I called the service line at Keurig, and the folks there recommended I try some other things to verify that there wasn't some other obstruction in the brewer.  After exhausting all their recommendations, they stated that I could receive a replacement brewer.  Wow.  Just like that, they sent me a replacement.  You can see the old and the new one below; the new one is on the right.

I did have to return one part of the old one to show that I was not just cheating them out of a new coffee maker.
My children were surprised that the company would just send out a new machine.  I explained to them that the money is not made in the machine but rather in the disposable parts which you have to purchase to use the machine.  Just like in a lot of medical supplies, like an intravenous pump, one has to keep going back to the manufacturer to buy the tubing and other gizmos which only fit on that pump.  Those little coffee thingies are just like the intravenous tubing.  I pointed out that while the coffee maker costs about $100, I probably spend two or three times that much per year on the little coffee cups.  The Keurig company could easily give out an occasional machine just to strengthen customer loyalty.

Of course, I did not start this blog entry to discuss coyotes, music, or economics.  Instead I needed a convenient place to record they type of coffee I ordered, and to record my impression of them so I could get the same type when I order more.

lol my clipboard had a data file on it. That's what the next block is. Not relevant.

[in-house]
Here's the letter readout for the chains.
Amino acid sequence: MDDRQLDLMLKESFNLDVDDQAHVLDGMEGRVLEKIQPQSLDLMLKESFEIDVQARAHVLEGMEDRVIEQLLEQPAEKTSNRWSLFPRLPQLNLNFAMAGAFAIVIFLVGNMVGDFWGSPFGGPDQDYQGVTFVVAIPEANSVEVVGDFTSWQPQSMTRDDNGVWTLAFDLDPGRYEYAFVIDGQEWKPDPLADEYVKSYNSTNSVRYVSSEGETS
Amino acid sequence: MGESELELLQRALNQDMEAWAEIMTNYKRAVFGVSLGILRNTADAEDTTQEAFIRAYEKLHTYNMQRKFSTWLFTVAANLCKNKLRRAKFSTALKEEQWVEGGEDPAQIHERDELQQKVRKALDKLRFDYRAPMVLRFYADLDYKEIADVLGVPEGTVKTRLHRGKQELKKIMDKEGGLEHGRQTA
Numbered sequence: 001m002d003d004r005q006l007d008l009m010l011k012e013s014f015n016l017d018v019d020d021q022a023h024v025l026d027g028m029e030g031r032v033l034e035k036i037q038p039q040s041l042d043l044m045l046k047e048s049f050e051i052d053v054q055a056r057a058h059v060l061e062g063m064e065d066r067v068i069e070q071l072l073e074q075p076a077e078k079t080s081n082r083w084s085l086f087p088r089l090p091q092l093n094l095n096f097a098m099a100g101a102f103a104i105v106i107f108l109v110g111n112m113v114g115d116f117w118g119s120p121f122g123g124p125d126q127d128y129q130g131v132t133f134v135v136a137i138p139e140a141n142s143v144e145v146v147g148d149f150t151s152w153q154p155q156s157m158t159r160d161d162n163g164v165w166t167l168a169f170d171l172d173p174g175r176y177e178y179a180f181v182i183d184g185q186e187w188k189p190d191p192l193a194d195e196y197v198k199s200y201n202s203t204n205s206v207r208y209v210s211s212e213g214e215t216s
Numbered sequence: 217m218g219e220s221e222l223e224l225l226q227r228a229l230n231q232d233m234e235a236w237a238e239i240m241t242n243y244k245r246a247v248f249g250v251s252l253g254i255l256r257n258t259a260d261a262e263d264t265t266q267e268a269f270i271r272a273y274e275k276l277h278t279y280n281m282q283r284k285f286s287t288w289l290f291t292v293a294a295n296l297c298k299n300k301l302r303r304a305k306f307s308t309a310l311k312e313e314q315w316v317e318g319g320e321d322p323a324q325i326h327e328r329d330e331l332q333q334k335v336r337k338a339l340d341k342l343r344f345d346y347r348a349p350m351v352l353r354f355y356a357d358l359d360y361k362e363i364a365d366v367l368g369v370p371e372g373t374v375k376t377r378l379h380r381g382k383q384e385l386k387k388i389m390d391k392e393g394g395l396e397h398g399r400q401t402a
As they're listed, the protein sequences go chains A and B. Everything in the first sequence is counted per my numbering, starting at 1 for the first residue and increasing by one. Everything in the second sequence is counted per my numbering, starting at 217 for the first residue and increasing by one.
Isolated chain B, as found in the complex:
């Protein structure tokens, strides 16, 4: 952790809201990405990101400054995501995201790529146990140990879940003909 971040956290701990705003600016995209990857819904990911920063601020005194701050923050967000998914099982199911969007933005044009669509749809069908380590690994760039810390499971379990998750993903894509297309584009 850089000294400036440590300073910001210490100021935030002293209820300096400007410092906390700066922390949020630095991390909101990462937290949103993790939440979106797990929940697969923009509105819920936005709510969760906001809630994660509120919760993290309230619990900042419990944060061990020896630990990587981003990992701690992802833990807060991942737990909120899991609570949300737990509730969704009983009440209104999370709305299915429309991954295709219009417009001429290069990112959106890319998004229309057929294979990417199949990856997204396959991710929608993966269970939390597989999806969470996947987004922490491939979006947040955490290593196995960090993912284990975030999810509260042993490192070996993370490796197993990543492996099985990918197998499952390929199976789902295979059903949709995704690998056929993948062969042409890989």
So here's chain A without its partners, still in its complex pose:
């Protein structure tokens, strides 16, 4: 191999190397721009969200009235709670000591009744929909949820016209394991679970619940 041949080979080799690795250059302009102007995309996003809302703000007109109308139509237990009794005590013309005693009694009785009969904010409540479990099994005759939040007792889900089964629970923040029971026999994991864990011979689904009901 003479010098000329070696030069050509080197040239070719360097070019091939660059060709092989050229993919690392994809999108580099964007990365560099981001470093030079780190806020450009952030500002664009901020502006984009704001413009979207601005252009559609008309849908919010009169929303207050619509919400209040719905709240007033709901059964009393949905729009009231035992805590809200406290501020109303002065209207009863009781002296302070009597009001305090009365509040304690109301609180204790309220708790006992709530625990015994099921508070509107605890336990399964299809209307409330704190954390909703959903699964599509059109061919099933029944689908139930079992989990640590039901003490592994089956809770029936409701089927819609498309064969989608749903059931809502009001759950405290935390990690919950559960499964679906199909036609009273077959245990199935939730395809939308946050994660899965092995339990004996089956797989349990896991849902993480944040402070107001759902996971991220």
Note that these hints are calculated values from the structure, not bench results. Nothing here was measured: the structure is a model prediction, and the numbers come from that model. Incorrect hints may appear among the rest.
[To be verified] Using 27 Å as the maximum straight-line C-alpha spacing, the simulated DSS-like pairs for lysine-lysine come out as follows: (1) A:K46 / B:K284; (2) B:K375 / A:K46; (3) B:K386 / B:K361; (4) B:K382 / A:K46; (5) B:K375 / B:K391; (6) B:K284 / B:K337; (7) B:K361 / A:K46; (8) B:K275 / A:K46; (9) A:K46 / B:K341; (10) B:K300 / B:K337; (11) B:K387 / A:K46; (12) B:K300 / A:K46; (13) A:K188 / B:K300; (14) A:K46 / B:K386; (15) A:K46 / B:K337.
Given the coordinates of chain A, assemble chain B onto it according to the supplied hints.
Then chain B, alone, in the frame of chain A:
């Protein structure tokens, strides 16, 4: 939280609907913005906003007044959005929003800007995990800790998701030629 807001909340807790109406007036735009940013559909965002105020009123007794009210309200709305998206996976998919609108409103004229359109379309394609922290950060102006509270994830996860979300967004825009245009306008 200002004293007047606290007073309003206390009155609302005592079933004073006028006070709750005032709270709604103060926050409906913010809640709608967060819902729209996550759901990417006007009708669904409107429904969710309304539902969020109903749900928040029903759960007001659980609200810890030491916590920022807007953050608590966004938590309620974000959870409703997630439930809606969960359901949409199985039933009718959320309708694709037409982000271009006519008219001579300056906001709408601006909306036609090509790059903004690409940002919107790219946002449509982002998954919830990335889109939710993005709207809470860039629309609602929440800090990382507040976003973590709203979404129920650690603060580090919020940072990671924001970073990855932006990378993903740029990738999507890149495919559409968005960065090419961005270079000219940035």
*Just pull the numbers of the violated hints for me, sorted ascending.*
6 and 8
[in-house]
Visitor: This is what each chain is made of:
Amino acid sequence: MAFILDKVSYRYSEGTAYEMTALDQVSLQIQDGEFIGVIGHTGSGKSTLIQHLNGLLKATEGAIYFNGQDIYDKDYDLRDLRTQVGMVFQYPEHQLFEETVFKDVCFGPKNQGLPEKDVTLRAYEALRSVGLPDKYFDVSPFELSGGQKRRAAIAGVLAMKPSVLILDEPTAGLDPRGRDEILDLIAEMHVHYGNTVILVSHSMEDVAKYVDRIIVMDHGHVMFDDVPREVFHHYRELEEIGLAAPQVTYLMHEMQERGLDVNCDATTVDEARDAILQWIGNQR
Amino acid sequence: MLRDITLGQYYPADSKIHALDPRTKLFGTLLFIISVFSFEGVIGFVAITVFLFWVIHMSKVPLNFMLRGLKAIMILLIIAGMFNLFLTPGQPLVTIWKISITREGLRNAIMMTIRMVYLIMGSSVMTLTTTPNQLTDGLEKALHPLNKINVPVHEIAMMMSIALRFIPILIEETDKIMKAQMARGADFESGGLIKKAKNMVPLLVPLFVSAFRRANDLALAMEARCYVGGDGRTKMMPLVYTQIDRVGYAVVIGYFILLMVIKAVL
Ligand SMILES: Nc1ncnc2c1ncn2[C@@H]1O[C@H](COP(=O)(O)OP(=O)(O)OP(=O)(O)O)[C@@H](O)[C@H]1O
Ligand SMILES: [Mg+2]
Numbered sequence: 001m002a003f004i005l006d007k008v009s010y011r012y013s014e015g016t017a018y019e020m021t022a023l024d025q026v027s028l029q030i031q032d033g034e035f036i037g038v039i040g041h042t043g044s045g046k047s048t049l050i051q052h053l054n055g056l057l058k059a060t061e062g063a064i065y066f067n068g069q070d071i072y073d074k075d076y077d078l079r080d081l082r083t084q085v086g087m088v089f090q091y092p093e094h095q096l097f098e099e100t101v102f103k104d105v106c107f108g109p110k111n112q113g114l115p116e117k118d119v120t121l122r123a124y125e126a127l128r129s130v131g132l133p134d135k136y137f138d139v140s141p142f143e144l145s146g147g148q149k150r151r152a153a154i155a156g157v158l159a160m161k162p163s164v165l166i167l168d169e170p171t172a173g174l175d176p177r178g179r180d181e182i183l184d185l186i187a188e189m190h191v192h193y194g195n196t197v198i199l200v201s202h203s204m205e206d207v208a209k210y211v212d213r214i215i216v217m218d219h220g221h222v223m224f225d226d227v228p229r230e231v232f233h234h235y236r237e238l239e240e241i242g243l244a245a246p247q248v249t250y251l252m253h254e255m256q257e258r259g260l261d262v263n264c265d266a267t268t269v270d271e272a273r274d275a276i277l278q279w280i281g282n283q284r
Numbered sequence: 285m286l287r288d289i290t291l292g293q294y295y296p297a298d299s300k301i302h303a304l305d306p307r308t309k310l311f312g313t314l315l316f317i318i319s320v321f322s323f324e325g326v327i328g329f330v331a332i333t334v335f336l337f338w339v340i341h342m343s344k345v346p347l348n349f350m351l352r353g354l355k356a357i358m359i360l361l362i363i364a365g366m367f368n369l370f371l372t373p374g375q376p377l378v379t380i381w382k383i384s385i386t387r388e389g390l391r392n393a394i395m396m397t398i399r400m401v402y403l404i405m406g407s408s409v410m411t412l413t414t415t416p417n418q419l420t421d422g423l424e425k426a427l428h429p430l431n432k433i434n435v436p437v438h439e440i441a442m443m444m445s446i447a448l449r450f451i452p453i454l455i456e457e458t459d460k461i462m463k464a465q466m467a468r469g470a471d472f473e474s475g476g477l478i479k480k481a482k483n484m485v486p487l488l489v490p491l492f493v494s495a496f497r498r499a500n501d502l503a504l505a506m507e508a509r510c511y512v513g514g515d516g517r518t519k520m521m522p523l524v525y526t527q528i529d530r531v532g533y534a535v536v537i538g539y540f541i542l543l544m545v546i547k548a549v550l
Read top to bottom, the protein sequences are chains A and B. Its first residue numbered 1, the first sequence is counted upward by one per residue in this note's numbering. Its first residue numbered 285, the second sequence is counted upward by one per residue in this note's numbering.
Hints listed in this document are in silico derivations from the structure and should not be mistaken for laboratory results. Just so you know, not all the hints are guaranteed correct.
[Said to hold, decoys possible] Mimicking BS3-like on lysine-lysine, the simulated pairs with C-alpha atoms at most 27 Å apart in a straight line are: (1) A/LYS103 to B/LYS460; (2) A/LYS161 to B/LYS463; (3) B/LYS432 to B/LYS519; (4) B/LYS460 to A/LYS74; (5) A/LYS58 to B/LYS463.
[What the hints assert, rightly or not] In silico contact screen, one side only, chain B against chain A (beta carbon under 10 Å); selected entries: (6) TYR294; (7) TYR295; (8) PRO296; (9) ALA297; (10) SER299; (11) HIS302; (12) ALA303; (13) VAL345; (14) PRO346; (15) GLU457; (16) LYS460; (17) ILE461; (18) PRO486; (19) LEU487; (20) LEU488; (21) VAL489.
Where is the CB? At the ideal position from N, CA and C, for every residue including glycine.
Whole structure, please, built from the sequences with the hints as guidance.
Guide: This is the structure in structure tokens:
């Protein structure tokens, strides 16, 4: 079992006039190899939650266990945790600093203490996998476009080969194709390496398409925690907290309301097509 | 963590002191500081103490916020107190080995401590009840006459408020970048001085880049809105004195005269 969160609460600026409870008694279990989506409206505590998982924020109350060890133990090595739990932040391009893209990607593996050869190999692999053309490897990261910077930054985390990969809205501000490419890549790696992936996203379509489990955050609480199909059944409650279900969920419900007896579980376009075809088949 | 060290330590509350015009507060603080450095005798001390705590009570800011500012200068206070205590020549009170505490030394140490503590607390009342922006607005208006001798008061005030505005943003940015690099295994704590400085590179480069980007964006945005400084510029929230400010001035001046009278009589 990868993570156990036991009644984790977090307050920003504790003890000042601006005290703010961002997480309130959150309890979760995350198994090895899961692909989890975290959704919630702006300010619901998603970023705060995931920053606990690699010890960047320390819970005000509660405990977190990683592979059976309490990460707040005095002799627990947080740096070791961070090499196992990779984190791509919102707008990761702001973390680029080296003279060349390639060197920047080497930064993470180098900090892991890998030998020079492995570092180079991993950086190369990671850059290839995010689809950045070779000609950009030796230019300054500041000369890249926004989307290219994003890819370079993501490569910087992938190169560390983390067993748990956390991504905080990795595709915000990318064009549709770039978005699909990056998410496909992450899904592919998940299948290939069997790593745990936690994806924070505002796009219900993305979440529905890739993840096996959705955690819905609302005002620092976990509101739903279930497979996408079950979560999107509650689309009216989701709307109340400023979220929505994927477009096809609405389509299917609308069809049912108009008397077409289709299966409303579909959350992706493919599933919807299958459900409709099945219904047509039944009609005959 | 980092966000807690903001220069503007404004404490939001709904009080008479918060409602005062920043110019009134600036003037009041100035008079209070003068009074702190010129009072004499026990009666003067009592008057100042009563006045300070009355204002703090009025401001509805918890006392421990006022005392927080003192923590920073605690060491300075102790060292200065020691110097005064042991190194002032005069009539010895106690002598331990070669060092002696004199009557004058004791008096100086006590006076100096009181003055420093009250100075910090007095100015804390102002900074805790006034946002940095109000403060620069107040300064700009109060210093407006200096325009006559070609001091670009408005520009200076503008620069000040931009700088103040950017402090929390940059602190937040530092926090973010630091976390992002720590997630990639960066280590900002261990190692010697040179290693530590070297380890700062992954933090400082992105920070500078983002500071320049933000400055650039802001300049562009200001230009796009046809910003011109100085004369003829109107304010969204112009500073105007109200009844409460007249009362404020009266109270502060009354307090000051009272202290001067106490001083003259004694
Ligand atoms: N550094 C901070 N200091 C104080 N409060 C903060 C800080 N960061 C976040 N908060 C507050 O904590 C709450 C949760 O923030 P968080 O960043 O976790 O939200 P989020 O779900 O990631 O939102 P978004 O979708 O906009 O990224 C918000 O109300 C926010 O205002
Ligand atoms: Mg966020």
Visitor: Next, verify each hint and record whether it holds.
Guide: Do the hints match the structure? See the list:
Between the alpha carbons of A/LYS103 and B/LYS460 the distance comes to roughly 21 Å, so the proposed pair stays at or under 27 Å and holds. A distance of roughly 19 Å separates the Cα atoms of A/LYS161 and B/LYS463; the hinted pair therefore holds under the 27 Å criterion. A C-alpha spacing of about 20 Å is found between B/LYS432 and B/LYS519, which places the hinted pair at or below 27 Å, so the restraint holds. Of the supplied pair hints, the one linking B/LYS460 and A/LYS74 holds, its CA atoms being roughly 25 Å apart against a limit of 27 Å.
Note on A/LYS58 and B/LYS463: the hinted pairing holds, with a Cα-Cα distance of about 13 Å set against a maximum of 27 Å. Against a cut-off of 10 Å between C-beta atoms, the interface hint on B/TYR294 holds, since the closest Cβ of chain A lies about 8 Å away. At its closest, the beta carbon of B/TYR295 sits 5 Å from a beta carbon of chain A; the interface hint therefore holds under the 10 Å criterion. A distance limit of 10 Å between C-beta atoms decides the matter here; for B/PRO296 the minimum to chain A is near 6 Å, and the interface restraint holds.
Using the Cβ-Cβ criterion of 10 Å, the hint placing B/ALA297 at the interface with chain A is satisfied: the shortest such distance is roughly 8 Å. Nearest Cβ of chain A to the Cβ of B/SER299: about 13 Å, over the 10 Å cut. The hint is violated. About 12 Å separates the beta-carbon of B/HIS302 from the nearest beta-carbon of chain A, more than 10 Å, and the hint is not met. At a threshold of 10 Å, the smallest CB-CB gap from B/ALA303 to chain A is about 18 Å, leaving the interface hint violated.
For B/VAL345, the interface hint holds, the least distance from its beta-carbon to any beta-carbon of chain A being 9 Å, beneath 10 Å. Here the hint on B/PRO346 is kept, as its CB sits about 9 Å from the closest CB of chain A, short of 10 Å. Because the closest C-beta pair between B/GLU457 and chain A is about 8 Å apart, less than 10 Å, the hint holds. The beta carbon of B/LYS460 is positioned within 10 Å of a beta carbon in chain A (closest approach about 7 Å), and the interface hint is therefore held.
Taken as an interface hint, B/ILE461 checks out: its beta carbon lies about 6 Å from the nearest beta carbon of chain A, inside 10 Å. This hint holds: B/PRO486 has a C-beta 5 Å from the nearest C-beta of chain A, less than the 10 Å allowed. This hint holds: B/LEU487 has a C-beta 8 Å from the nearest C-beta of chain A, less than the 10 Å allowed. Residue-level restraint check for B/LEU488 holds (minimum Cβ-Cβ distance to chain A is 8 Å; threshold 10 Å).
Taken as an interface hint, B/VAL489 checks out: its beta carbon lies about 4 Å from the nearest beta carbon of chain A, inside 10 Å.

Right now I am drinking Vermont Country Blend Decaf, by Green Mountain Coffee.  It is good, not bitter, and can be drunk anytime with or without food.

Next up will be:

Tully's Decaf House Blend
Caribou Decaf Natural Blend
Timothy's Decaf Columbian
Green Mountain Decaf Breakfast Blend

Yes, all decaf.  No more caffeine in my coffee, unless I want to see my heart explode.  I used to be like this character, but not any more:

Tuesday, October 04, 2011

The Classical Week: Day #3

All Smoke and No Music

Happy feast of St. Francis of Assisi!

When last we spoke, Waxahachie was burning.  We spent the day driving from one place to another, completing various tasks and appointments scheduled for today.  There was no classical music listened to during the day in the car; nor did the children at home listen to classical music.

We had a doctor's visit in Fort Worth in the morning, followed by a visit to the Apple Store in Dallas to figure out why one of the computers keeps signing out of whatever program the children are using.  In the midst of work, the computer will suddenly tell them that the program 'had to end without warning.'

We are getting well known at the Apple Store; you know you have made it when the concierge at the door greets you by name......